Smithfield Market played host to a fiercely ornate and super-sexy collection by Julien Macdonald.
Playing to Form
Understated elegance has never been Julien Macdonald’s calling card, and why should it be? This time he served up unashamedly sexy designs cut close to the body with no shortage of back-exposing cut-outs and plunging necklines that revealed glistening, oiled-up chests. Some pieces even resembled a severely laddered pair of tights, using the white skin beneath their black threads to form a grungy mosaic of flesh and fabric.
It wasn’t just the cuts that were brazen; the ornamentation and astoundingly detailed embroidery on the dresses created shimmering, metallic forms that were the perfect match for the model’s shining, wet-look hair. In fact, combined with heavily shadowed, almost smudged eyes, the plastered down hair gave a few longer dresses (decorous and flowing but somehow also raggedy) a Corpse Bride quality: perversely eroticising dead-forms in that way familiar from Gothic literature.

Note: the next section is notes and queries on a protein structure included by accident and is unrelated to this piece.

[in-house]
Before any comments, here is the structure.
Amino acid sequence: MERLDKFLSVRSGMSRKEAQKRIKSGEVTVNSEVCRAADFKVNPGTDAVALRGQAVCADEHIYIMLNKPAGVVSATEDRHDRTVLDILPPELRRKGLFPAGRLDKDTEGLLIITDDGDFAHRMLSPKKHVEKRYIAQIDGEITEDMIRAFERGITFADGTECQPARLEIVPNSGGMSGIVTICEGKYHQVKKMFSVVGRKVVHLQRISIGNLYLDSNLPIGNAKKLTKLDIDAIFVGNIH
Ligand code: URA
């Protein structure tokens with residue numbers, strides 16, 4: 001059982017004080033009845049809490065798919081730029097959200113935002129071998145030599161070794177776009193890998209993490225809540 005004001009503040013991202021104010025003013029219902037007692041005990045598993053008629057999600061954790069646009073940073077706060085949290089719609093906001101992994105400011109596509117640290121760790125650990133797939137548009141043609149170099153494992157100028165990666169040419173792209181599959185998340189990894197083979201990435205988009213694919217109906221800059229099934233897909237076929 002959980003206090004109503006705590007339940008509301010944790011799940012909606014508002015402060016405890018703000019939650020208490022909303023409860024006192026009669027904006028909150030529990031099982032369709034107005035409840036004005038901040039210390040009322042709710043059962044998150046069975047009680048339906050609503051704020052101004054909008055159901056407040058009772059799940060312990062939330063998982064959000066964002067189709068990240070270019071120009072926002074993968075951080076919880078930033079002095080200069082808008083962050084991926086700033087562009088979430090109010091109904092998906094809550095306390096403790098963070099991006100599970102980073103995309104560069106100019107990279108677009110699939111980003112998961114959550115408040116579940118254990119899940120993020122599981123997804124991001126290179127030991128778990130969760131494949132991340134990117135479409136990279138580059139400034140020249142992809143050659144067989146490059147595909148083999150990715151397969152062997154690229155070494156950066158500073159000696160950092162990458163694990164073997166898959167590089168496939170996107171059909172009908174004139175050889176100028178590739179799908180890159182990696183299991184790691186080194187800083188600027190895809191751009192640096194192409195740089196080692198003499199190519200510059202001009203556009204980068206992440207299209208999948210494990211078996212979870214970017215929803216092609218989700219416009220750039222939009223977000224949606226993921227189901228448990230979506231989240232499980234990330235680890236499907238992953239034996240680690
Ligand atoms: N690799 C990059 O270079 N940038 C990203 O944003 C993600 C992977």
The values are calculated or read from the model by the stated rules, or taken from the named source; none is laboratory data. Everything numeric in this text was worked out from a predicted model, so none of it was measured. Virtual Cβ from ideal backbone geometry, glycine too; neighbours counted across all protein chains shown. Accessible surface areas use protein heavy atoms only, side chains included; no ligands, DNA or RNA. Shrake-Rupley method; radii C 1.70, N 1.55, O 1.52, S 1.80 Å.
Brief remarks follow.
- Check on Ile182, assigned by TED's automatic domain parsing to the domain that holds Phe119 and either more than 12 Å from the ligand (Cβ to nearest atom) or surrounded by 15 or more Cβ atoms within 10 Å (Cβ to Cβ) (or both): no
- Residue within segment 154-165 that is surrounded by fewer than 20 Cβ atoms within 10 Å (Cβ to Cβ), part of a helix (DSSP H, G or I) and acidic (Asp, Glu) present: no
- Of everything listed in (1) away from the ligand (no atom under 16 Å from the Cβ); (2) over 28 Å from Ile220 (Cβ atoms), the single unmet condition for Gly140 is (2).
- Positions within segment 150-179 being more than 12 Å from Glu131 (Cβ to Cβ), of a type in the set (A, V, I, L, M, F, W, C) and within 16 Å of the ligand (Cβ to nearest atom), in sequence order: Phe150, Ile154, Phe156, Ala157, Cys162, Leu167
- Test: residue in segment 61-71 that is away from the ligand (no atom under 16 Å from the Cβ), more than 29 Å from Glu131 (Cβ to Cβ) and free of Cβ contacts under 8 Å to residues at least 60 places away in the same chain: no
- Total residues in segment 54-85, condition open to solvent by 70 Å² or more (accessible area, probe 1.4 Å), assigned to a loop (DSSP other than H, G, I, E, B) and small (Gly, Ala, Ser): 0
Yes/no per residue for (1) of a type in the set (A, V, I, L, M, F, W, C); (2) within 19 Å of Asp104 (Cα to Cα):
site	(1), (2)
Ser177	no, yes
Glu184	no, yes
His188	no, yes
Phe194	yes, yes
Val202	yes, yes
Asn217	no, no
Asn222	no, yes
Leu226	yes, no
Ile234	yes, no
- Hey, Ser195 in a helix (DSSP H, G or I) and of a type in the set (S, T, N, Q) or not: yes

Macdonald’s menswear debut had more than the touch of Givenchy about it – baroque-style patterns cut into dress-length t shirts with shorts underneath and a raft of exposed torsos. The gladiator sandals they were paired with reinforced the idea that this was a kind of sexy, neo-ancient armour for those guys who relish adding a generous dash of camp to that archetypally masculine role, the fighter; guys who will wear the clothes rather than letting them wear him. Pieces that show this much and hide so little aren’t for the faint hearted. Chances are, you know where you stand on them already.
Photographer: Cleo Glover
Words: Benji Walters